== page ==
Great Britain’s ambassador to the United States will resign, the British Foreign and Commonwealth Office announced Wednesday, in the wake of leaked internal memos in which Sir Kim Darroch called the Trump administration “dysfunctional” and “inept.”
“Since the leak of official documents from this Embassy there has been a great deal of speculation surrounding my position and the duration of my remaining term as ambassador,” Darroch said in a letter to the Foreign Office. “I want to put an end to that speculation. The current situation is making it impossible for me to carry out my role as I would like.”
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Though Darroch noted that his commission is not set to expire “until the end of this year,” he said he believes that “in the current circumstances the responsible course is to allow the appointment of a new ambassador” to Washington.
British tabloid The Daily Mail first reported Sunday the contents of the confidential cables to London, which dated back to 2017 and offered a bleak assessment of President Donald Trump and his White House.
“We don’t really believe this Administration is going to become substantially more normal; less dysfunctional; less unpredictable; less faction riven; less diplomatically clumsy and inept,” Darroch wrote in one of the documents, according to the Mail.
The White House did not immediately respond to a request for comment Wednesday on Darroch’s resignation. Trump has blasted the envoy and Prime Minister Theresa May in a series of tweets over recent days, threatening on Monday that his administration “will no longer deal with” Darroch.
In his resignation letter Wednesday, Darroch praised the “professionalism and integrity” of the British civil service as “the envy of the world,” and expressed confidence that “its values remain in safe hands” upon his imminent departure.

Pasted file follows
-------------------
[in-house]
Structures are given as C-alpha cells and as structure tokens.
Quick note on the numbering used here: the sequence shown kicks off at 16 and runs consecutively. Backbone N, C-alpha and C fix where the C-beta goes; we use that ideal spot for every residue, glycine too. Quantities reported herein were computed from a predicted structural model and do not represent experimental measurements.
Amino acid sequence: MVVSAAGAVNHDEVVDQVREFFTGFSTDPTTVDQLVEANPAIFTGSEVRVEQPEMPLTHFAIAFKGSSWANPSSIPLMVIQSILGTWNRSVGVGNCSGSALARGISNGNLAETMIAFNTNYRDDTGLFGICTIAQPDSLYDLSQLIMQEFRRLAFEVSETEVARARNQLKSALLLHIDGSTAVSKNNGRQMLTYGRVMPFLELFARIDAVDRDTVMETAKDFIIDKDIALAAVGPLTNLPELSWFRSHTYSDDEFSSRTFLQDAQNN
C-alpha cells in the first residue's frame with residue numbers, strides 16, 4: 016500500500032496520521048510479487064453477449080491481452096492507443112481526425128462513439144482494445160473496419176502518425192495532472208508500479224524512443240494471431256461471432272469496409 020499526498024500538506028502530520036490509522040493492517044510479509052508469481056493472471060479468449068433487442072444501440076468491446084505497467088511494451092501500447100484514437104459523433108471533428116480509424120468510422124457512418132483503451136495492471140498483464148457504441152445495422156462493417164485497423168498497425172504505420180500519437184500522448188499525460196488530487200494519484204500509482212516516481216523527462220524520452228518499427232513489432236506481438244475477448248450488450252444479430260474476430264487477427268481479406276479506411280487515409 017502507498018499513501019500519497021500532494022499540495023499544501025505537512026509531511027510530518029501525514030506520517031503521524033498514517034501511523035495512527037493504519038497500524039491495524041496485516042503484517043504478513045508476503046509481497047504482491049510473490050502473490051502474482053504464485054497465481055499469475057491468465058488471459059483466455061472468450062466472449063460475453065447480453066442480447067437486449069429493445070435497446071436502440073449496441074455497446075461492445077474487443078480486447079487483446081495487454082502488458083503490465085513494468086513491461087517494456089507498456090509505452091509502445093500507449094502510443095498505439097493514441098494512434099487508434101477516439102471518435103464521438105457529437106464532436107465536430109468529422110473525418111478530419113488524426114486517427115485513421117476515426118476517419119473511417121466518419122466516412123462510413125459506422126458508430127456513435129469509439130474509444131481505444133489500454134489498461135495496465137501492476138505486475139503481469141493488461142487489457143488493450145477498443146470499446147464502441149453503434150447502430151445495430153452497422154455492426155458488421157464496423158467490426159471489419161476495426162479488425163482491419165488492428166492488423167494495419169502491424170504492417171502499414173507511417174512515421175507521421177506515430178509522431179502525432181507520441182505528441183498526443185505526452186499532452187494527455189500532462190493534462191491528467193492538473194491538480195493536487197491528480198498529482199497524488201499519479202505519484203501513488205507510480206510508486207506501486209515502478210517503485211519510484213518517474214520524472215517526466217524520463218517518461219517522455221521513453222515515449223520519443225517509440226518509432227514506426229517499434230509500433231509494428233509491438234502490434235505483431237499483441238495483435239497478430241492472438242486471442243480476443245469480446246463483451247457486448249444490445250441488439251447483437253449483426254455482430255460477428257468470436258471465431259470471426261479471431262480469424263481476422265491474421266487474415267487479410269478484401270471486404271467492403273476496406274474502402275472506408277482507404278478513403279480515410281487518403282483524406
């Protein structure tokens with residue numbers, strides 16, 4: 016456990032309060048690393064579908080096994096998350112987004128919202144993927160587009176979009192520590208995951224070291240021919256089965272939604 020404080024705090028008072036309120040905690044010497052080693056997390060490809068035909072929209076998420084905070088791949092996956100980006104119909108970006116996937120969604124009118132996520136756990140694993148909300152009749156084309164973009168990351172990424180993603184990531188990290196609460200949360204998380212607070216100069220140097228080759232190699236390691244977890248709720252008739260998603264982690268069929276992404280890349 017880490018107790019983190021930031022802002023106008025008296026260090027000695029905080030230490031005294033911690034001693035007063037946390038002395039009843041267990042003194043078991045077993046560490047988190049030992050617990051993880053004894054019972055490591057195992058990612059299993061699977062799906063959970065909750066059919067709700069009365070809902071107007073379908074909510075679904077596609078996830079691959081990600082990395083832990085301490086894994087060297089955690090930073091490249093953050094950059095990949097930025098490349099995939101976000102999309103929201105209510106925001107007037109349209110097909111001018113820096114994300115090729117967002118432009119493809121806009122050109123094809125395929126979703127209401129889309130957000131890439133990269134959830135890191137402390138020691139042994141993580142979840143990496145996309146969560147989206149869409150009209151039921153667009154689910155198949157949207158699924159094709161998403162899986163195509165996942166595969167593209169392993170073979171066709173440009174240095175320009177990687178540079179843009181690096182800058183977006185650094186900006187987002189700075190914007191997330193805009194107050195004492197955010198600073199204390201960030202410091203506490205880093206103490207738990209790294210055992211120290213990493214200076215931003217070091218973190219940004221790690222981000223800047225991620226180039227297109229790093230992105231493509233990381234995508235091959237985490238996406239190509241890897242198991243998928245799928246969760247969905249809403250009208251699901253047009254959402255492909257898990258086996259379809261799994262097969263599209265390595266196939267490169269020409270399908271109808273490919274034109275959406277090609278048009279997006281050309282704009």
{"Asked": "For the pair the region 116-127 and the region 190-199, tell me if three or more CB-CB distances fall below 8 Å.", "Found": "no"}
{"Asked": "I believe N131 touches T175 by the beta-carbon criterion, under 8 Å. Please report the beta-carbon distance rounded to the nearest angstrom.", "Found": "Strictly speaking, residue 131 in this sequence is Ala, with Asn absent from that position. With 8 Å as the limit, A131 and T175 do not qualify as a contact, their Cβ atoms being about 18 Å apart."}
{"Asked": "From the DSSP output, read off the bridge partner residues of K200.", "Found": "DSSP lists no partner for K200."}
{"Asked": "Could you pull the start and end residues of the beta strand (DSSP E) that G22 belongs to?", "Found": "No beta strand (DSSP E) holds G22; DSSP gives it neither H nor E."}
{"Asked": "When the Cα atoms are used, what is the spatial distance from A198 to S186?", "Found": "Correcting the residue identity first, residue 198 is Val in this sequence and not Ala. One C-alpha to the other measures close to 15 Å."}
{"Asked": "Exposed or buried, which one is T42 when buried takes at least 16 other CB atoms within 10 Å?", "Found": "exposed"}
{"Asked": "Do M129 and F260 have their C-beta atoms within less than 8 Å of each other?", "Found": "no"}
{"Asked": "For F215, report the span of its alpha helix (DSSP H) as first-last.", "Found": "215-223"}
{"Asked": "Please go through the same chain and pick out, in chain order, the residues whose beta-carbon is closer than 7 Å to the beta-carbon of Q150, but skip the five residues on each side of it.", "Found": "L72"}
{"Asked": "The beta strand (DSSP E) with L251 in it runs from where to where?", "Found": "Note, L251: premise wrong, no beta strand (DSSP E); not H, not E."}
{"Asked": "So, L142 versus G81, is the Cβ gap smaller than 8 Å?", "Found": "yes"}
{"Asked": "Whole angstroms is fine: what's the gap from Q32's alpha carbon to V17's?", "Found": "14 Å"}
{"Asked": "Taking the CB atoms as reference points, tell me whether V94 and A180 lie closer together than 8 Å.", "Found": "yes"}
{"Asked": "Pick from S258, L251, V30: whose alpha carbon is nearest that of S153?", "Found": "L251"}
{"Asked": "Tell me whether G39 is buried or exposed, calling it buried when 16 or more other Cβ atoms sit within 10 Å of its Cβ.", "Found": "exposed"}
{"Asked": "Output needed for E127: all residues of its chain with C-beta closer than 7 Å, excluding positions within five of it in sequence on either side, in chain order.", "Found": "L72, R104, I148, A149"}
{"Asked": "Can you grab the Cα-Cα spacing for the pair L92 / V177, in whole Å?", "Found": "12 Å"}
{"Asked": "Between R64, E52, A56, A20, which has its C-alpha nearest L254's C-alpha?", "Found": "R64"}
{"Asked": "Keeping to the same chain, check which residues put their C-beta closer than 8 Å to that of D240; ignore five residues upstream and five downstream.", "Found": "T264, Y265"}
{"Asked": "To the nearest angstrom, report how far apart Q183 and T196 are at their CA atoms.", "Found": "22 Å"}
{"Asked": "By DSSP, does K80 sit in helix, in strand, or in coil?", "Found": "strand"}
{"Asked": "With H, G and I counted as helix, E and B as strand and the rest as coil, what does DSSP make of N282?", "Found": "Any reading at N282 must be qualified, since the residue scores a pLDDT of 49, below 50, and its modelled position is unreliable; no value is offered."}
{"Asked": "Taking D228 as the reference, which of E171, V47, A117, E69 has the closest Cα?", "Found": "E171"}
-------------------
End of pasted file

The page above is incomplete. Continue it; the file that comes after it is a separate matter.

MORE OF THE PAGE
“I am grateful to all those in the UK and the US, who have offered their support during this difficult few days,” Darroch said. “This has brought home to me the depth of friendship and close ties between our two countries. I have been deeply touched.”
Sir Simon McDonald, Permanent Under Secretary at the Foreign and Commonwealth Office, accepted “with deep personal regret” Darroch’s offer to step down, replying in a letter Wednesday that the ambassador “loyally served the government of the day without fear or favour” and represented “the best of us.”
McDonald said that “over the last few difficult days,” Darroch “behaved as you have always behaved over a long and distinguished career, with dignity, professionalism and class.”
McDonald went on to describe Darroch as “the target of a malicious leak” who was “simply doing your job,” adding: “I understand your wish to relieve the pressure on your family and your colleagues at the Embassy; I admire the fact that you think more of others than yourself. You demonstrate the essence of the values of British public service.”
McDonald also emphasized that May, Foreign Secretary Jeremy Hunt and the “whole of the public service have stood with you” since the publication of the Mail’s report.
May on Wednesday said she had spoken to Darroch earlier that morning, telling him that “it is a matter of great regret that he has felt it necessary” to resign and that he enjoyed the support of her full Cabinet. The British people owe Darroch “an enormous debt of gratitude” for his “lifetime of service to the United Kingdom,” May continued.
“Good government depends on public servants being able to give full and frank advice,” May said. “I want all our public servants to have the confidence to be able to do that and I hope the House will reflect on the importance of defending our values and principles, particularly when they are under pressure.”
Labour Party Leader Jeremy Corbyn, the Leader of the Opposition in Parliament and May’s chief political rival, said Wednesday that he also regrets Darroch’s resignation, adding: “I think the comments made about him were beyond unfair and wrong.”
British lawmaker Boris Johnson, the former foreign secretary and London mayor who is the front-runner to succeed May as Conservative Party leader and become prime minister later this month, said Wednesday that whoever leaked Darroch’s diplomatic telegrams “really has done a grave disservice to our civil servants” and should be appropriately punished.